Pool funding to reduce disaster and climate risks - experts

by Laurie Goering | @lauriegoering | Thomson Reuters Foundation
Tuesday, 29 April 2014 12:43 GMT

A resident navigates his boat through a neighbourhood flooded by the Acre river which had risen with weeks of heavy rainfall in the region including northern Bolivia and eastern Peru, in Rio Branco, Acre state, Brazil, March 13, 2014. REUTERS/Odair Leal

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Efforts to cut the risk of disasters and adapt to climate change must work hand-in-hand, experts say

KATHMANDU (Thomson Reuters Foundation) - Efforts to reduce the risk of disasters and adapt to climate change need to work hand-in-hand to build real resilience in communities, but separate funding pots continue to make that difficult, climate change and disaster experts said on Tuesday.

Many governments and donor organisations still distinguish between funding for development, disaster risk reduction, humanitarian relief and climate adaptation. So when a community wants to build a new road that will be higher than expected sea-level rise, for instance, where do they turn for money?

 “Donors send two contradictory messages,” said Harjeet Singh, climate adaptation and disaster risk reduction coordinator for ActionAid, an anti-poverty charity. Most want a country’s climate adaptation strategy to be integrated into its other plans. But “when you go to the finance group, they say, ‘Why should we fund development? What is the specific (climate) adaptation?’”

One positive development is that donor organisations have begun forming broader consortiums and shared trust funds to pool resources and reduce the number of doors communities and governments must knock on for project funding. But “there’s a long way to go,” Singh said during a discussion at a community-based climate adaptation conference this week in Nepal.

Low-lying and densely populated Bangladesh, often judged the country most vulnerable to climate change, has made more progress than many in trying to unify efforts to reduce disaster risk and adapt to climate change, said Abdul Qayyum Mohammad of the country’s Comprehensive Disaster Management Programme.

For example, it now has a general “risk reduction action plan,” which combines shorter-term disaster management with longer-term climate change initiatives, he said.

Mihir Bhatt of the All-India Disaster Mitigation Institute said the Indian state of Odisha – considered one of India’s most successful in lowering disaster risks – has worked to ensure that homes and facilities destroyed in disasters are rebuilt in a way that makes them more resilient to climate change impacts, while using micro-insurance policies to help fund efforts.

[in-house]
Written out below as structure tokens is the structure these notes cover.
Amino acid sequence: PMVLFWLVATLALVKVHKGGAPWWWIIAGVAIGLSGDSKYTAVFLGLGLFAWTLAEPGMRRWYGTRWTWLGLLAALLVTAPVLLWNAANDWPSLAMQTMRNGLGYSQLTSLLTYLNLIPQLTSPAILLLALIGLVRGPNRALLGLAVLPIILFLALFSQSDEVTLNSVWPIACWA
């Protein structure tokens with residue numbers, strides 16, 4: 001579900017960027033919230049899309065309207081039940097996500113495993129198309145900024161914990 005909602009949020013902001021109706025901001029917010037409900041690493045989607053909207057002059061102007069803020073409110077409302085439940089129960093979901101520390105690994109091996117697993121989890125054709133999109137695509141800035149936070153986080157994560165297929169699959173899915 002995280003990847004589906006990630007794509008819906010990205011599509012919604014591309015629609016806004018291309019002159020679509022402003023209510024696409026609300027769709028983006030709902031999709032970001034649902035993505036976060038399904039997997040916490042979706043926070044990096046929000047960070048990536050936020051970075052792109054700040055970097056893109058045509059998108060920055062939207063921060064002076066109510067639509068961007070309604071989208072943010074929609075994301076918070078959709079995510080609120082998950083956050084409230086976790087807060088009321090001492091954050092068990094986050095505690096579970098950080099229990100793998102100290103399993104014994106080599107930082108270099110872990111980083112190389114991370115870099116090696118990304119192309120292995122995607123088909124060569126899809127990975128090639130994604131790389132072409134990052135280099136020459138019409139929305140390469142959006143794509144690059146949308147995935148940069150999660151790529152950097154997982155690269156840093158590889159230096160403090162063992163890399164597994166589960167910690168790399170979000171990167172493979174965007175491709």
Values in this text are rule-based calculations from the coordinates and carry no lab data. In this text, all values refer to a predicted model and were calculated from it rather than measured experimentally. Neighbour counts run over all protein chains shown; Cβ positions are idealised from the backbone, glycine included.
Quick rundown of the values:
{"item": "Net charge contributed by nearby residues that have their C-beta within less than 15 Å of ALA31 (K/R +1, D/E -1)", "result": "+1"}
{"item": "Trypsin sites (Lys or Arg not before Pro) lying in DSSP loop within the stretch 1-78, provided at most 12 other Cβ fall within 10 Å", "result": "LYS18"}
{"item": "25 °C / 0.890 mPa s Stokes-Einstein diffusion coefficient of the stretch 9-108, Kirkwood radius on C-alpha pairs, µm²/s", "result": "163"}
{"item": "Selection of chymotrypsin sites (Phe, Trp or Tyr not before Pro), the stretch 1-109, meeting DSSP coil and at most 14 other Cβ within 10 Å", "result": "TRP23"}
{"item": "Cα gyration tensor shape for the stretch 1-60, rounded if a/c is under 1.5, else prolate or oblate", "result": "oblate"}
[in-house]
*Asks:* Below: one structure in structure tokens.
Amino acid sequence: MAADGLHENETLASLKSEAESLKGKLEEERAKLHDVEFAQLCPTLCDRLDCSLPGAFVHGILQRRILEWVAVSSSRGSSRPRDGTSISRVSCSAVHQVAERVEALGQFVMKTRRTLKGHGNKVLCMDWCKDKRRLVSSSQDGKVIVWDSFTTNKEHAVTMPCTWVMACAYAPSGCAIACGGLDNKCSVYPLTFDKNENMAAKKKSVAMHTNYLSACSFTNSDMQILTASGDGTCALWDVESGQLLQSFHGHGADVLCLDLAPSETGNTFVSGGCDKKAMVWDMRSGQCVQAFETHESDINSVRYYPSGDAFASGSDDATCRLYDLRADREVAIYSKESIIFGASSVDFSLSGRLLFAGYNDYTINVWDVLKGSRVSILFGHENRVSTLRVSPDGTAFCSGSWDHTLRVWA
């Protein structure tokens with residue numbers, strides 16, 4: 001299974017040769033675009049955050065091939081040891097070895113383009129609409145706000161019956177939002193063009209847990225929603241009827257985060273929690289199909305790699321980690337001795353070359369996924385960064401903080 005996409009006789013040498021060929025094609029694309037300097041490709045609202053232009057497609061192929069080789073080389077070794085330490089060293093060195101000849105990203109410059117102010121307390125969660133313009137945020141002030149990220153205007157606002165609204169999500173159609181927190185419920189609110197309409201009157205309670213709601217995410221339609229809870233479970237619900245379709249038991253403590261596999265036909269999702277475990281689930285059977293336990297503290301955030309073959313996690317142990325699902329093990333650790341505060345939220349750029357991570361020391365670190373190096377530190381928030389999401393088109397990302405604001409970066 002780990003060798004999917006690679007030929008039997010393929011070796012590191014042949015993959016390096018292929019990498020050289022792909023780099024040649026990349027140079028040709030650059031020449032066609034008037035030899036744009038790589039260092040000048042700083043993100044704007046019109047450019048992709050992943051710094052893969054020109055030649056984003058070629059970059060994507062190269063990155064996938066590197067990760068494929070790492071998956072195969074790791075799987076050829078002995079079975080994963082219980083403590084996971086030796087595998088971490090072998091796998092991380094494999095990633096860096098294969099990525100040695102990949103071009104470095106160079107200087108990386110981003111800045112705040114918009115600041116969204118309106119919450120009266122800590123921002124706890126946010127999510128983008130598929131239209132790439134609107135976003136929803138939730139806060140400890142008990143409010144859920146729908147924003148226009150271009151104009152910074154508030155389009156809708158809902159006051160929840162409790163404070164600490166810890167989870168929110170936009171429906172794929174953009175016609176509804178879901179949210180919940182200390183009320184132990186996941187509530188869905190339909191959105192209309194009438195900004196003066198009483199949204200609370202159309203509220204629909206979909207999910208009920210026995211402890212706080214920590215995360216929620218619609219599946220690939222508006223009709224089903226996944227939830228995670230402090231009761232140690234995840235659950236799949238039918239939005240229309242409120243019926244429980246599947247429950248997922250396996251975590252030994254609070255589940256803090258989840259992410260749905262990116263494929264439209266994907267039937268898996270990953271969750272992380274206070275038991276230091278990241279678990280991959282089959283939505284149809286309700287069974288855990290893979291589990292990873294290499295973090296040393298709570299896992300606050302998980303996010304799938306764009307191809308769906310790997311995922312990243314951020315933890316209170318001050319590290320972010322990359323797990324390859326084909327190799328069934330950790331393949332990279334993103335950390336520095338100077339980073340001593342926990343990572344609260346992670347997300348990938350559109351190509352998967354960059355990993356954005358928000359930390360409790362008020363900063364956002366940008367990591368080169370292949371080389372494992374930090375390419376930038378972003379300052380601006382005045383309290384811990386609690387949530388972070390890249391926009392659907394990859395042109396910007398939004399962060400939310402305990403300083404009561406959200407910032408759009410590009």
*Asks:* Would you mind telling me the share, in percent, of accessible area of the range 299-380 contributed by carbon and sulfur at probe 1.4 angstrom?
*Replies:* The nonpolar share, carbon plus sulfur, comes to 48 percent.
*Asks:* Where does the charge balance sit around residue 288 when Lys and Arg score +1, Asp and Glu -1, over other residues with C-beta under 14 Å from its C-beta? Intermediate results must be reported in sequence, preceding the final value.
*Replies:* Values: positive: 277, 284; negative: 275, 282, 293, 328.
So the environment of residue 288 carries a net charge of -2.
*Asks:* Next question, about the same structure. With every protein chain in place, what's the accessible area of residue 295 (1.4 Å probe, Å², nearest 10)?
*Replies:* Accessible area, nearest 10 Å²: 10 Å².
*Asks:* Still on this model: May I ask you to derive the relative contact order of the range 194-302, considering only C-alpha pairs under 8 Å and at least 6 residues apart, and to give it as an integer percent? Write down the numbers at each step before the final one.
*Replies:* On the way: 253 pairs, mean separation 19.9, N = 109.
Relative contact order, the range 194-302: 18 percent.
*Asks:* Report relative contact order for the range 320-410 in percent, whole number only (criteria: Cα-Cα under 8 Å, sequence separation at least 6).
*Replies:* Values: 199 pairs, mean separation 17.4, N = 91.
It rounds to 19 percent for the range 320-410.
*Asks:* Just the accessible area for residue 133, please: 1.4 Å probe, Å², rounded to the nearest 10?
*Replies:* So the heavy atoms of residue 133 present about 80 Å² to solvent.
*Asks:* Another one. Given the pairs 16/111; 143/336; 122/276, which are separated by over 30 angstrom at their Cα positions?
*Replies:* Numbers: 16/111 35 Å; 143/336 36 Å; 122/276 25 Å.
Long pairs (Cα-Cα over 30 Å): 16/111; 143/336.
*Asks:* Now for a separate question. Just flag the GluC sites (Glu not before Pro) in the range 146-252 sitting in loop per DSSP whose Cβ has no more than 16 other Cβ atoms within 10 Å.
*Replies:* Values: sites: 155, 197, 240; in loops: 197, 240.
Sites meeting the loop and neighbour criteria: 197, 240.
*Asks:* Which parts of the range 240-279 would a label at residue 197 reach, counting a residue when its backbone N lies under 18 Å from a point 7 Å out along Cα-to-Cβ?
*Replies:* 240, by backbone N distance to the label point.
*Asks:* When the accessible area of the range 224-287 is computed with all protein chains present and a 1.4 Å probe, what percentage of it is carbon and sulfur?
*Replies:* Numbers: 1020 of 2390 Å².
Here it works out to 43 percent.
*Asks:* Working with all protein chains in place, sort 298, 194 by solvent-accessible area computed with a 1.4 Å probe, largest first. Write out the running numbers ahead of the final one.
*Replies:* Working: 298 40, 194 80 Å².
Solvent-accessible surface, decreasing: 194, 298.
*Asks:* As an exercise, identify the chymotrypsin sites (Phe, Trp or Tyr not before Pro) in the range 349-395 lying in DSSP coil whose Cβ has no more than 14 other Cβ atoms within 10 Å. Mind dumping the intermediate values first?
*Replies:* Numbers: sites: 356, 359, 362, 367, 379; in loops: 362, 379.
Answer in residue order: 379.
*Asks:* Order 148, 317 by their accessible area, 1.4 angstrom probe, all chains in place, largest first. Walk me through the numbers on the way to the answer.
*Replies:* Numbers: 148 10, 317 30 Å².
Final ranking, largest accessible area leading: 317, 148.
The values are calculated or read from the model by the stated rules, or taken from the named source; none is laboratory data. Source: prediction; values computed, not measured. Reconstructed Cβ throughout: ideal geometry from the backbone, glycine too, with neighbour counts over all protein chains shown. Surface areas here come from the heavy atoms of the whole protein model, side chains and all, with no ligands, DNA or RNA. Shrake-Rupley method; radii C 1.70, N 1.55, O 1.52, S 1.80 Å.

“We shouldn’t miss out on disaster recovery as an opportunity to finance climate adaptation measures,” he said.


One problem preventing more integrated development, disaster risk and climate planning in many countries is that most development activities don’t factor in the real and growing risk of extreme weather, said Richard Ewbank of Christian Aid, a charity that works on poverty and justice issues.

Planning that incorporates climate-related risks and “doesn’t assume shocks and hazards will not happen - that assumes these things will happen” is crucial, he said.

Integration can be done in other ways too, he said. New weather stations and rain monitoring can support early warning systems for disasters, as well as feeding into the creation of long-term climate models.

Disaster warning systems – such as mobile phone alerts – could also be used to send climate adaptation information, Ewbank said. And agricultural extension agents may “need to become resilience agents instead”, he said.


ActionAid’s Singh said a key to making sure policy and funding address all the risks communities face is to determine very clearly the basic reasons they are vulnerable.

 “What makes people vulnerable? Social exclusion, lack of assets, skills and basic services, and lack of secure access to natural resources,” he said, adding “unjust governments and unfair social attitudes” to the list.

To genuinely reduce risks - from disasters, climate change or other factors - work must focus not only on the obvious risks but on things like building more capacity in communities to tackle any problem that comes along or giving women equal power in negotiations, Singh said.

That isn’t easy when government and donor funds tend to be narrowly earmarked for certain activities, and those giving money demand evidence of success, which can be hard to measure and document when it comes to changes in social dynamics.

“The reason we can’t let community institutions take the lead is fear of losing control and fear of failure. Both can be very genuine,” Singh said. “We think if we hand this money to the community we lose control.

“But in a climate change context, where things are going to be a lot more unpredictable and uncertain, I don’t think we have any choice,” he said. “We have to experiment. We have to be ready to fail… We have to work toward empowering people.”

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